Saturday, July 25, 2015

Harvest Fever

Everyone goes crazy at the sight of veggies right now. Both professional chefs and novice home ones burst with excitement at a garden bursting with tomatoes or a farmer's market offering a wide array of just picked anything. This is harvest fever and it causes us to overbuy. The question is what do we do with a kitchen full of vegetables?Use them or lose them.

One of the biggest mistake any novice makes is overbuying or picking the backyard plots bare. It is exciting to get our creative hands on nature's beauties and we're anxious to try out all recipes .However  keep in mind that veggies can go bad quickly and they need to be eaten within a week.Corn should be cooked right away otherwise the sugar in the kernels builds up and toughens the ears.Cucumbers have only two days before they go bad. Eggplants and most lettuces are the same too. Tomatoes and peppers, those staples of summer cooking, have a three day period before souring. Onions and garlic have a week before turning however both can sometimes go longer ,lasting up to two weeks. Be judicious with what you buy. Do  you really need a bushel of tomatoes or ten ears of corn? Plan the dish you want to make, write down the exact amounts of veggies needed and buy that amount. That saves on overage and wasted produce.

Now the question - what to make? .Beginners should stick with something simple such as my family's variation of ratatouille.This is one of my favorites because it just so drool worthy delicious.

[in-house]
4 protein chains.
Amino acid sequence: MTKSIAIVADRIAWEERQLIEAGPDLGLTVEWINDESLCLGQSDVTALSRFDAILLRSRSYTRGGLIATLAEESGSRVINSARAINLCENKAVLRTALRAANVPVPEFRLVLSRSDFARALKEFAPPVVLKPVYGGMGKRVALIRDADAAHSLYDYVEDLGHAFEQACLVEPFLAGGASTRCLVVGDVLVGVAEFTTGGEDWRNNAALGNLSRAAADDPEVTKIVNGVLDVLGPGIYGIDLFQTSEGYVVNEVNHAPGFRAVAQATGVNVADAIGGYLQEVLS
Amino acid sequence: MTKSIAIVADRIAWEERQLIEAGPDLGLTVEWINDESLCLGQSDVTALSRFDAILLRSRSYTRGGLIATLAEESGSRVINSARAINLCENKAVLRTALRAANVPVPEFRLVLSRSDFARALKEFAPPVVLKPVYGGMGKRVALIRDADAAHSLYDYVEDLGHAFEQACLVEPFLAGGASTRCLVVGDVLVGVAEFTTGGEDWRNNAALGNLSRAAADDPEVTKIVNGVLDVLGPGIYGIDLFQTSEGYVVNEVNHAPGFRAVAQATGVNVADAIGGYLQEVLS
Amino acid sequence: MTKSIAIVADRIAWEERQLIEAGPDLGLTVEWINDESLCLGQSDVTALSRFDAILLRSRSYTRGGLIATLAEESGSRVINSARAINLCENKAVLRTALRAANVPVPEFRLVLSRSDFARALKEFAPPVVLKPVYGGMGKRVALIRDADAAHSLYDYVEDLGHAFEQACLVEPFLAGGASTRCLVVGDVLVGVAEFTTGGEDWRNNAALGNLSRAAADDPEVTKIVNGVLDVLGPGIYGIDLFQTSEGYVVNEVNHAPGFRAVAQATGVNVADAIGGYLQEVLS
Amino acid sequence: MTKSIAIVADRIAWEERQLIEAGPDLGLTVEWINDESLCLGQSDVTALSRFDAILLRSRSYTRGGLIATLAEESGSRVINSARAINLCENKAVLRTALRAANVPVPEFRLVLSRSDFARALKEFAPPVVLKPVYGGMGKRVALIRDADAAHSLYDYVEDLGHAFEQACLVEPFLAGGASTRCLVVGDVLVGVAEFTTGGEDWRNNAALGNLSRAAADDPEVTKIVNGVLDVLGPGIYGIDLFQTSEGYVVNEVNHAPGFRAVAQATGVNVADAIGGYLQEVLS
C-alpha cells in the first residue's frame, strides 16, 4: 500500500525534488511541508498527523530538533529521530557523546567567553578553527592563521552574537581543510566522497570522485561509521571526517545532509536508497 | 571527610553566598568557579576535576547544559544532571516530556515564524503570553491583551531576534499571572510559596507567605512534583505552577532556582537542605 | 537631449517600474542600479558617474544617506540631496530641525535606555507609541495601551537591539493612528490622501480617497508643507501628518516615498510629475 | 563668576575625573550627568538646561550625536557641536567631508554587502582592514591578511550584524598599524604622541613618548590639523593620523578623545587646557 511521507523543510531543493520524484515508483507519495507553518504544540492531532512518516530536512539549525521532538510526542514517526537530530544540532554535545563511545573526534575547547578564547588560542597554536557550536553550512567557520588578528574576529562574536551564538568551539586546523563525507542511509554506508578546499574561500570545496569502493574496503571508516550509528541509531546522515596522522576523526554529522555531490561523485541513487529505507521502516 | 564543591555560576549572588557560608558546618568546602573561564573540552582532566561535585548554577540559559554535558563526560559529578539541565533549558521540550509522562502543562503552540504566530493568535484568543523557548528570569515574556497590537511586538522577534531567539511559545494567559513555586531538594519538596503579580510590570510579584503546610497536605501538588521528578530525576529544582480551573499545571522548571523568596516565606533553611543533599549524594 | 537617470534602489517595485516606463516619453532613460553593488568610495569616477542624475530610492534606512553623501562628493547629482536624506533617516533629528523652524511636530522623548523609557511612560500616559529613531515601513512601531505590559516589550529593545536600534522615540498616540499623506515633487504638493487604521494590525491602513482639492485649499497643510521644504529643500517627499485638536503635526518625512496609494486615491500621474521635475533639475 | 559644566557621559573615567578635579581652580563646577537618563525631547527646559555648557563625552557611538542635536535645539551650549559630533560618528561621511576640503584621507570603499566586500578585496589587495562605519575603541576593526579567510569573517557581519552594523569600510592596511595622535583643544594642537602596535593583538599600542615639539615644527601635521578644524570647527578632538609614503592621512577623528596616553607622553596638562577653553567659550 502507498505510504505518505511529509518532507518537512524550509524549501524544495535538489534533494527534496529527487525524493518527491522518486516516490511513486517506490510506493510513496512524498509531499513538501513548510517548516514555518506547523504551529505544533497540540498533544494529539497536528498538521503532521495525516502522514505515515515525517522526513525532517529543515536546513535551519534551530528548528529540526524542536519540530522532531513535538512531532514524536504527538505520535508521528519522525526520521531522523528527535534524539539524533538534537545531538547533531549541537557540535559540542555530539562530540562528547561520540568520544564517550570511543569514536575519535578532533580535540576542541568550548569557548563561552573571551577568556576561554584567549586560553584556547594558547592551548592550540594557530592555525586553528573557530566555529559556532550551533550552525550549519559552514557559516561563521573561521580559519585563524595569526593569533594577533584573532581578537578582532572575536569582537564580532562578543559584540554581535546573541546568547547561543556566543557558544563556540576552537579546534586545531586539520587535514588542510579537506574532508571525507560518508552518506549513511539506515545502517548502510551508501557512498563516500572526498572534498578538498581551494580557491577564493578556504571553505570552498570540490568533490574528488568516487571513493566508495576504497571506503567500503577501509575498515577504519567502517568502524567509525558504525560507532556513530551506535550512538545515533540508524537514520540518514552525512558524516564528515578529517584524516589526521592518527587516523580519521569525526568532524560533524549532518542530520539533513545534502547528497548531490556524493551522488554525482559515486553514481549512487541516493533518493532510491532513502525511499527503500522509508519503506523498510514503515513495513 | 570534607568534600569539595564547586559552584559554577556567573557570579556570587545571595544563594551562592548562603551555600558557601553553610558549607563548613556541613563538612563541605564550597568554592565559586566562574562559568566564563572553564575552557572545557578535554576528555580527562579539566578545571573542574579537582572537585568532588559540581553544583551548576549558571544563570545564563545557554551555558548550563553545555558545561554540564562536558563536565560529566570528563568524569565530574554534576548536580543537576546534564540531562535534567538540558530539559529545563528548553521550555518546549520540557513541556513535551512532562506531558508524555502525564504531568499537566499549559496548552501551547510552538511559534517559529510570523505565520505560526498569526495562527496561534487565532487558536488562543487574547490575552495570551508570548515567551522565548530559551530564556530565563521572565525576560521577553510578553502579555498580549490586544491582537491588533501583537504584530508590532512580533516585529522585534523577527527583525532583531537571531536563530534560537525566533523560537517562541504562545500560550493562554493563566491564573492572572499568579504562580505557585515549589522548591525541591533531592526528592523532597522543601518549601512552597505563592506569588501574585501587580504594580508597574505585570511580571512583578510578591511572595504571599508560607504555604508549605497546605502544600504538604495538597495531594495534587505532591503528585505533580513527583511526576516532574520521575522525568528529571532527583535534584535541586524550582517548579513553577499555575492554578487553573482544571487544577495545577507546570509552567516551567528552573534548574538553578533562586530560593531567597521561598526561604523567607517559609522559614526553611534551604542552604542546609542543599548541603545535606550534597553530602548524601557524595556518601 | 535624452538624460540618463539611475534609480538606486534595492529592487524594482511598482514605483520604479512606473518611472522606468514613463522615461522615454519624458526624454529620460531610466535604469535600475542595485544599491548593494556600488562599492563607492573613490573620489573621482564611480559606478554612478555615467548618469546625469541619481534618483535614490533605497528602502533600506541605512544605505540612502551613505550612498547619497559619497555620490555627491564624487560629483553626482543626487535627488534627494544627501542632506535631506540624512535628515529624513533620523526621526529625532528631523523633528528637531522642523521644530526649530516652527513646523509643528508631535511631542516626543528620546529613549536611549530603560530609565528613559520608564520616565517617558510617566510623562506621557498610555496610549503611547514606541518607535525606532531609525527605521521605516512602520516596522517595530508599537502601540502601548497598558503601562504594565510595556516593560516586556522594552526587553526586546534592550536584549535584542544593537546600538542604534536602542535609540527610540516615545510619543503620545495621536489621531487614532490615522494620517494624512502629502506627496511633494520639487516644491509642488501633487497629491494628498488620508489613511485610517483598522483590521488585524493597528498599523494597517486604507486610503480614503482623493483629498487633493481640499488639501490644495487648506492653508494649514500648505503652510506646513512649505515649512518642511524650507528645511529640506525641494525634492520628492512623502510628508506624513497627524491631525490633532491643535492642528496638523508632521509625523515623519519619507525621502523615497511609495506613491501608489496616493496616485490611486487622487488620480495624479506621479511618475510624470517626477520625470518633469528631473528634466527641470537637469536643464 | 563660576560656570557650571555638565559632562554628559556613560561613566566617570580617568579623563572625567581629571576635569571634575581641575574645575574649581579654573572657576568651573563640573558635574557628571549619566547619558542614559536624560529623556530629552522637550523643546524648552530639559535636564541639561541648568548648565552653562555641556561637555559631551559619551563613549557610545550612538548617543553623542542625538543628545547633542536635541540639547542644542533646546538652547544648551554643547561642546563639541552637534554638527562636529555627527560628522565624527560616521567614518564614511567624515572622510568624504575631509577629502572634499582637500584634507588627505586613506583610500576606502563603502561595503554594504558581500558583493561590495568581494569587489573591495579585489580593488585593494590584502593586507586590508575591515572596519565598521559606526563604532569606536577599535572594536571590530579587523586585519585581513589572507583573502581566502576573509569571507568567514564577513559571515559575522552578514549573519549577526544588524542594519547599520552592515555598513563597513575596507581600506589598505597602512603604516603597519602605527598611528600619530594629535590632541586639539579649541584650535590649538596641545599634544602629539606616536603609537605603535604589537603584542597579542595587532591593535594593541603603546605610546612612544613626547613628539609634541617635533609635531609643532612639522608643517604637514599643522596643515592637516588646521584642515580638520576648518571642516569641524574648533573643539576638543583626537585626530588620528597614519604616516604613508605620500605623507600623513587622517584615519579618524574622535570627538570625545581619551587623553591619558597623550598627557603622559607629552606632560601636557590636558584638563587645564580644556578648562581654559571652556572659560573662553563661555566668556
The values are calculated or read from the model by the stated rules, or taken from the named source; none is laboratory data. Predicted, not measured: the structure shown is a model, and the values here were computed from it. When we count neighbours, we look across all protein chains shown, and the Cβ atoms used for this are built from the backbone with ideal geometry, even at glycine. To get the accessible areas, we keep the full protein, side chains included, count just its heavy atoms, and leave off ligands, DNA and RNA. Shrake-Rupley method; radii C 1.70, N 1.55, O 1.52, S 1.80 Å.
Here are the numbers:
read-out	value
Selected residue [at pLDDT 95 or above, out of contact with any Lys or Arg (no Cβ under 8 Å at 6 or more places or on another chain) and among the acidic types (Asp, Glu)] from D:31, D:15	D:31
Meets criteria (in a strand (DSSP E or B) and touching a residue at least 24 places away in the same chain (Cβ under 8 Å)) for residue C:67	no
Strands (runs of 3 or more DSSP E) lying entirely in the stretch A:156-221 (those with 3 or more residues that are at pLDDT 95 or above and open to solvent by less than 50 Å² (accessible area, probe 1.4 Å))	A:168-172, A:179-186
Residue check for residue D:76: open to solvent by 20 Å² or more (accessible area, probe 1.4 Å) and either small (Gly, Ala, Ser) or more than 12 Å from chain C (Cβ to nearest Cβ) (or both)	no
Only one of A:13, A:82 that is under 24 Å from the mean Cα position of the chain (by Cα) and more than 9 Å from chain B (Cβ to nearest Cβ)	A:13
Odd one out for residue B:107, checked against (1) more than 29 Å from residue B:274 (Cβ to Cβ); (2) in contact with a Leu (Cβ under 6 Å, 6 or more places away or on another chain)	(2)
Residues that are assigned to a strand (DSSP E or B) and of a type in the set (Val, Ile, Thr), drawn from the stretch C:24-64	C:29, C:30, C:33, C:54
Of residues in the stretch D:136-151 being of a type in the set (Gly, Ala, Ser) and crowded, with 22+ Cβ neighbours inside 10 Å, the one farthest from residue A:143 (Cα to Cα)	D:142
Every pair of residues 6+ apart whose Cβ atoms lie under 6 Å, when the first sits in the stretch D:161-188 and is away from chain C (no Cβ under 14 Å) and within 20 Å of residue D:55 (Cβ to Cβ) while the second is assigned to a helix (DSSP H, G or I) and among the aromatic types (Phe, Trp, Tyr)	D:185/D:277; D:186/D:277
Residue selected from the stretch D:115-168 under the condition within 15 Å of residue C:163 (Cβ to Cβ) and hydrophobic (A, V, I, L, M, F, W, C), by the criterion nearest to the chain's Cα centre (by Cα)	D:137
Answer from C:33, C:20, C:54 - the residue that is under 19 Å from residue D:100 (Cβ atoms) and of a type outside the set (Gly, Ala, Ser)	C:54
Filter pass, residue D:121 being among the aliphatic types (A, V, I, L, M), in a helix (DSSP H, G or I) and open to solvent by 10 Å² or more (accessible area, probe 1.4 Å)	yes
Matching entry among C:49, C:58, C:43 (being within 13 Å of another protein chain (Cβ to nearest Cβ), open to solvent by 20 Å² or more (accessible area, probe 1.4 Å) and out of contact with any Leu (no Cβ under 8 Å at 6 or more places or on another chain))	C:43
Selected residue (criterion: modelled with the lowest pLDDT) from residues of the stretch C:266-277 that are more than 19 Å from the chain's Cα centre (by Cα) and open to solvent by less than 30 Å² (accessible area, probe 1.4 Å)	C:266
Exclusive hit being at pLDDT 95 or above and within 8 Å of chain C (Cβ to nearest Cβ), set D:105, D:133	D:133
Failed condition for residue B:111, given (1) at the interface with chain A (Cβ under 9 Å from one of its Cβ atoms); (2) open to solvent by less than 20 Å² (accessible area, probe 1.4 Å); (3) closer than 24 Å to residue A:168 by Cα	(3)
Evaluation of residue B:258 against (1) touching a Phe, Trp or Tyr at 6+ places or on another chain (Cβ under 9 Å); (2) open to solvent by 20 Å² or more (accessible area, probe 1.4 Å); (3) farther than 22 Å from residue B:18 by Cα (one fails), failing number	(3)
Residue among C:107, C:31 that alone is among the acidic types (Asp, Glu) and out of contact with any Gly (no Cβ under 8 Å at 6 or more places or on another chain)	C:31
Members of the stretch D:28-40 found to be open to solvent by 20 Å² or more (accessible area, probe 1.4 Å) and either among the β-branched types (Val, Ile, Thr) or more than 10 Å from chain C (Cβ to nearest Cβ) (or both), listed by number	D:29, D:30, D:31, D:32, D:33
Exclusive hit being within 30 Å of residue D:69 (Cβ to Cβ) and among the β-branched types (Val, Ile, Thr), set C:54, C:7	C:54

You'll need;

2 ripe tomatoes ( I prefer organic)
1  large green pepper
5-6 fresh ,shredded basil leaves
1 onion
2 cloves garlic minced
6 soy Italian sausages(or the real kind if you want)

Break sausage up into pieces and cook in minced garlic and olive oil in  a medium sized frying pan. Finely chop onion and slowly add to the meat. Cook for two to three minutes until slightly translucent.Core and seed pepper and then cut into coarse chunks.  Quarter the tomatoes and add both to the  mix. Cook for about 20 to 30 minutes or until veggies are tender but firm. You can add basil as I did which gives it a nice bright slash of green along with sea salt and a good dose of freshly ground pepper.. I served mine with sautéed polenta rounds but you can also serve this with thick slices of Italian or French bread. The ratatouille also makes a great sauce for any kind of pasta too.

If you have harvest fever then cure it with a delicious hot dish such as this.It's a great way of using up extra vegetables while enjoying the season's harvest. Another plus  it's so easy and fun!

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